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Bernstein, Ignatz

(1836–1909), folklorist, bibliophile, philanthropist, and compiler of the largest published collection of Yiddish proverbs. Born into a well-to-do maskilic family in Vinnytsa, Podolia (Ukraine), Ignatz Bernstein moved with his parents to Warsaw in 1856. During a visit to Berlin in 1859, he came across a small German book of Jewish proverbs, which inspired his lifelong preoccupation with collecting Yiddish proverbs and assembling a paroemiological library. The fruit of his labor was the still unsurpassed 1908 volume, Yidishe shprikhverter un rednsartn (Yiddish Proverbs and Proverbial Expressions), containing 3,993 entries, and a personal collection of more than 6,000 titles dealing with proverbs in more than 100 languages.

Bernstein was generous in sharing his scholarship and his wealth. He opened his library to the young Samuel Adalberg, who was preparing the first modern collection of Polish proverbs (1889–1894). Bernstein later donated his own books and manuscripts to the Polish Academy of Sciences; today these materials are housed in the Jagiellonian Library in Kraków. Before his proverb collection was published, Bernstein made earlier manuscript versions available to Karl Friedrich Wilhelm Wander, who was compiling a massive lexicon of German proverbs (1867–1880), and to Mordkhe Spektor, who published a partial collection in the first two issues of his Hoyzfraynd (Family Friend; 1888–1889).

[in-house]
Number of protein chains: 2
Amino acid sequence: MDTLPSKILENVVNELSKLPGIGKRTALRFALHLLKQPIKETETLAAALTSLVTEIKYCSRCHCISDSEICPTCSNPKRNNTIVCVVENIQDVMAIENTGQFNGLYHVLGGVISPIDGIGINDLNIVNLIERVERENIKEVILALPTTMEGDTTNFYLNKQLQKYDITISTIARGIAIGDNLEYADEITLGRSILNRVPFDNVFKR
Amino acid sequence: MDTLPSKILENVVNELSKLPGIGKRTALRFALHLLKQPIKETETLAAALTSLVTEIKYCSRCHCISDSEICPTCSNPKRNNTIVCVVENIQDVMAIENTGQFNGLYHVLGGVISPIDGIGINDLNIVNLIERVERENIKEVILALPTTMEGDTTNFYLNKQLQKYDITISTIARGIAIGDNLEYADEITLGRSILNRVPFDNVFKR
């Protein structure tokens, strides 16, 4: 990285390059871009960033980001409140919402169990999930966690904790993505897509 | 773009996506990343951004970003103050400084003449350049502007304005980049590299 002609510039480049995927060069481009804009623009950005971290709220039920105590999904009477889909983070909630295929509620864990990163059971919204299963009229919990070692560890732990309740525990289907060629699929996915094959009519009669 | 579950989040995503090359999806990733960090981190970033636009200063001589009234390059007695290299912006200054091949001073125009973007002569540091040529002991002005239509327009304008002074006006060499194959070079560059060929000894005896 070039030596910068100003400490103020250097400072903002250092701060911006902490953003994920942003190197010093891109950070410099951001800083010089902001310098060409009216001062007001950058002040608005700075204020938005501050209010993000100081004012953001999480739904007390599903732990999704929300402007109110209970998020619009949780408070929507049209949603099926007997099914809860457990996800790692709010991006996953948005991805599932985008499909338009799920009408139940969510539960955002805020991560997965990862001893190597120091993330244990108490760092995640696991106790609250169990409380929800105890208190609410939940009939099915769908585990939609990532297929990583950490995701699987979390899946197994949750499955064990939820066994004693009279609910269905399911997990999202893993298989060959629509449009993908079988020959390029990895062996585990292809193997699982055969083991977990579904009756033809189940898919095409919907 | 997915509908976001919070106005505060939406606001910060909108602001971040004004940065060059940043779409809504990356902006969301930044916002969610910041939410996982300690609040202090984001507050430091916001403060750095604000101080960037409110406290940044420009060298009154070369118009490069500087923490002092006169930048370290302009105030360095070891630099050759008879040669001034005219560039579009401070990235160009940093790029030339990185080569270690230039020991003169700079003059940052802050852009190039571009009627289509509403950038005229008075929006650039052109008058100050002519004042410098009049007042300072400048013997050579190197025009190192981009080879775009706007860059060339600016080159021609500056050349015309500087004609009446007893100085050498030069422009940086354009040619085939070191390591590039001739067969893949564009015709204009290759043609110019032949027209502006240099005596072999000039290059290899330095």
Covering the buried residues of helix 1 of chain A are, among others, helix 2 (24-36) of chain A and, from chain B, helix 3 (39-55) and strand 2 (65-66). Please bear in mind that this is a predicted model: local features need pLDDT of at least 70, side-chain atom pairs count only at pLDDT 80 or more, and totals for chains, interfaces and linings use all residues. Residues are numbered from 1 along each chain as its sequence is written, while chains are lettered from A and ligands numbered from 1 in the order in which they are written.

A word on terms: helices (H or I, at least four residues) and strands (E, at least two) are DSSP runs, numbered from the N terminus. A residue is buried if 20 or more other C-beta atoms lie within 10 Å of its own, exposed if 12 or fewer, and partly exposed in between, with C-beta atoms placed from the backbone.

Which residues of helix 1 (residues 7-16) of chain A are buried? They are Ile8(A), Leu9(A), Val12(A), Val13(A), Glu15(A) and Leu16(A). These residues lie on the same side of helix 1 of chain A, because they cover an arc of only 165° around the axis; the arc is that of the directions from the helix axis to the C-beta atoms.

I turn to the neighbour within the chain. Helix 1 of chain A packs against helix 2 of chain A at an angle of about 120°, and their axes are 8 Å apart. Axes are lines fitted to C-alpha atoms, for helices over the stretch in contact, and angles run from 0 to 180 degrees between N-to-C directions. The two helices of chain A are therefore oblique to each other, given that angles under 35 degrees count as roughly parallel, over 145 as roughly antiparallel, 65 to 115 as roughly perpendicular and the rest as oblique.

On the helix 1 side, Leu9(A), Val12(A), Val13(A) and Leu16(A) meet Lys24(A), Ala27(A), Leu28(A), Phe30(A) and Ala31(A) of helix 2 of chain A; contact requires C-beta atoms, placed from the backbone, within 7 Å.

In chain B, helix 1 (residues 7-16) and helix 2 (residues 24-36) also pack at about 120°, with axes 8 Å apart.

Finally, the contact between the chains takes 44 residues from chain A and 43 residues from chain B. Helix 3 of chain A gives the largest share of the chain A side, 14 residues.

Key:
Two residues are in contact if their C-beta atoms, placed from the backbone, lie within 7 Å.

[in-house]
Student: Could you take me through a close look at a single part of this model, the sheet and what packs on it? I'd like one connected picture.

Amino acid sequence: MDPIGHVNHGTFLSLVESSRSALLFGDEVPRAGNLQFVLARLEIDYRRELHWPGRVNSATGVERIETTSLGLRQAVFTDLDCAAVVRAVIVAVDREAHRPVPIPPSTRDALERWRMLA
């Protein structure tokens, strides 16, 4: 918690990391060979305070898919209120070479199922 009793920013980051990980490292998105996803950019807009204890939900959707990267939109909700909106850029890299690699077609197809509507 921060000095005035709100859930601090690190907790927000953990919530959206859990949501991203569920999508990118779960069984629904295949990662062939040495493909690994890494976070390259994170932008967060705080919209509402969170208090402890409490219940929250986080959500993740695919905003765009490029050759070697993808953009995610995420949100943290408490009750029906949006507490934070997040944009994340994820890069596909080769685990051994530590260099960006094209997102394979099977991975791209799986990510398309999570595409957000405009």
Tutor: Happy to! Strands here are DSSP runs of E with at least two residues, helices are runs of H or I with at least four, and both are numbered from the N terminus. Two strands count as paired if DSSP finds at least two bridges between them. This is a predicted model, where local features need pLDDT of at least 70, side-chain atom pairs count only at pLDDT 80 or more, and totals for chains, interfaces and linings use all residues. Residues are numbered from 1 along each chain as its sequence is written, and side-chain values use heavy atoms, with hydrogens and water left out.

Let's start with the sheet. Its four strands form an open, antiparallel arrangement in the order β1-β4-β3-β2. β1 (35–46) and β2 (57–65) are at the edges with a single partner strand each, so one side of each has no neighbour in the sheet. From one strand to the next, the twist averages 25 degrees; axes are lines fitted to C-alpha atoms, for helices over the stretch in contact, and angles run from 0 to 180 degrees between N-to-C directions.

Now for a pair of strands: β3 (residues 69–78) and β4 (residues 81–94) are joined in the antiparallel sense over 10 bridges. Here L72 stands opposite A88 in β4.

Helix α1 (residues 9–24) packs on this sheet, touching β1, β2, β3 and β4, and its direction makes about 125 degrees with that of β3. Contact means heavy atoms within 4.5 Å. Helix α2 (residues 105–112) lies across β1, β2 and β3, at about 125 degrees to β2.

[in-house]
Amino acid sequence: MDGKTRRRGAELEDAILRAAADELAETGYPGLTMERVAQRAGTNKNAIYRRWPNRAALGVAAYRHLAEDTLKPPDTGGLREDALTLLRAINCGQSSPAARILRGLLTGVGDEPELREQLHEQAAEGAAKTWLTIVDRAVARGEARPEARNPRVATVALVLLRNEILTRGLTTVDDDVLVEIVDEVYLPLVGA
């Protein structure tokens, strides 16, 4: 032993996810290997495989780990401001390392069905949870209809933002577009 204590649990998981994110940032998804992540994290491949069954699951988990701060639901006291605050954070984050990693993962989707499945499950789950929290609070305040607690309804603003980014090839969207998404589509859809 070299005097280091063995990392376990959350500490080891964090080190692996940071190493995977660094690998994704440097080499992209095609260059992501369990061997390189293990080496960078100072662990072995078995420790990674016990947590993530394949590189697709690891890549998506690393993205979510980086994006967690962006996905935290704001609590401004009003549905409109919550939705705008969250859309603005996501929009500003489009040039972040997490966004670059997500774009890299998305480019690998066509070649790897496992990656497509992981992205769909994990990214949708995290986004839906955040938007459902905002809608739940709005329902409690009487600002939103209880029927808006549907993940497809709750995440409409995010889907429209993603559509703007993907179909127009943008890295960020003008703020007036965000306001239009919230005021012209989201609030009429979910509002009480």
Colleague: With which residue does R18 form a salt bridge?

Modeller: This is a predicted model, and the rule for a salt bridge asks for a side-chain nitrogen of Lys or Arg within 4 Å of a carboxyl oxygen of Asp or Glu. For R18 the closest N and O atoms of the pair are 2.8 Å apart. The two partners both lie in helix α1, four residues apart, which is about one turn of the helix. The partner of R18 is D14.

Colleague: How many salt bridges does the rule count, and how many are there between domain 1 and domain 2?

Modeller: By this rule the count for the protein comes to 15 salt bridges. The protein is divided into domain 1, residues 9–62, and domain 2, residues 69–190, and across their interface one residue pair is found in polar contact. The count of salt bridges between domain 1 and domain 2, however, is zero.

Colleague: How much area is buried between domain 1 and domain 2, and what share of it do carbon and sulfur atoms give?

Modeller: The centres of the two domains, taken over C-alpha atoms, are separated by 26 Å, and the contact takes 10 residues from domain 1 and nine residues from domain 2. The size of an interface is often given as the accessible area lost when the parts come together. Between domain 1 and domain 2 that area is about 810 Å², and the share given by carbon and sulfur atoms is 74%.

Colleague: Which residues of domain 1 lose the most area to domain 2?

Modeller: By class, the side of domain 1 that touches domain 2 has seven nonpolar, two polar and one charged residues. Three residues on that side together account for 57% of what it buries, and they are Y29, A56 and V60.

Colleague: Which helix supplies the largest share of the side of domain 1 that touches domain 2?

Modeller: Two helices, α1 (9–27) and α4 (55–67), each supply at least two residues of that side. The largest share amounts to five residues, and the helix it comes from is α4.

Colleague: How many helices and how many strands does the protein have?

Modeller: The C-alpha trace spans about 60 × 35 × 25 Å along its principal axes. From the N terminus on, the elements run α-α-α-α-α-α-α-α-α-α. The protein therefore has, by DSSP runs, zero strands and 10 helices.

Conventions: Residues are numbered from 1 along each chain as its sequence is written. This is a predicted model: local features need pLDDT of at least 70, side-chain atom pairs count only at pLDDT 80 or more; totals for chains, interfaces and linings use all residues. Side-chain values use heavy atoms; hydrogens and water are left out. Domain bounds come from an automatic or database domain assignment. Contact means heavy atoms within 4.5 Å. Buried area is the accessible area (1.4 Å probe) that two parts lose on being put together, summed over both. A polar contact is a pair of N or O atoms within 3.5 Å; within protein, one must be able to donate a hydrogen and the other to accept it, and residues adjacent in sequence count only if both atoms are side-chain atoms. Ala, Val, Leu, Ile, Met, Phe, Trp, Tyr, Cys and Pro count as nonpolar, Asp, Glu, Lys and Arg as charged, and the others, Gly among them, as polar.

Bernstein used part of his fortune from the sugar business for his scholarly pursuits, but he also gave generously to numerous Jewish and Polish institutions. He was a founder and the main supporter of the library of the Great Warsaw Synagogue, one of the largest Jewish libraries in Europe, and he was the largest donor to that city’s Jewish hospital. He helped to finance study in Germany for future Polish rabbis and provided anonymous support for other Jewish students. In addition, he served as treasurer of Mazkeret Mosheh (the Moses Montefiore Testimonial Fund), which aided Jewish settlement in Palestine, and helped to found the first ethnographic museum in Poland—the Museum of Industry and Agriculture in Warsaw—for which he purchased a large African collection.

Bernstein’s proverb collection of 1908 presents material arranged alphabetically according to key words in Yiddish letters; it contains a Latin-alphabet transcription (based on the dialect of Podolia-Volhynia) on facing pages. Many proverbs are accompanied by comments and explanations in Yiddish and German, and there is a glossary in German to explain non-Germanic Yiddish words and expressions. The volume also includes a Yiddish word index, a short introduction in Yiddish, and a longer one in German.

A popular edition, containing just the Yiddish text, was also published in 1908 and has been reprinted several times. The scholarly version was reprinted most recently in 1969 by Olms in Hildesheim, Germany, with an introduction by Hans Peter Althaus. This edition also includes a collection of 227 erotic and “coarse” proverbs that Bernstein published separately in 1908 as a manuscript. In 1900, Bernstein published a beautifully illustrated two-volume catalog of his paroemiological library, then numbering 4,761 items. That catalog was reprinted in 2003 by Olms, with an introduction by Wolfgang Mieder.

Suggested Reading

Ignatz Bernstein, Jüdische Sprichwörter und Redensarten, ed. Hans Peter Althaus (Hildesheim, 1969); Ignatz Bernstein, Catalogue des livres parémiologiques composant la bibliothèque de Ignace Bernstein, ed. Wolfgang Mieder (Hildesheim, 2003).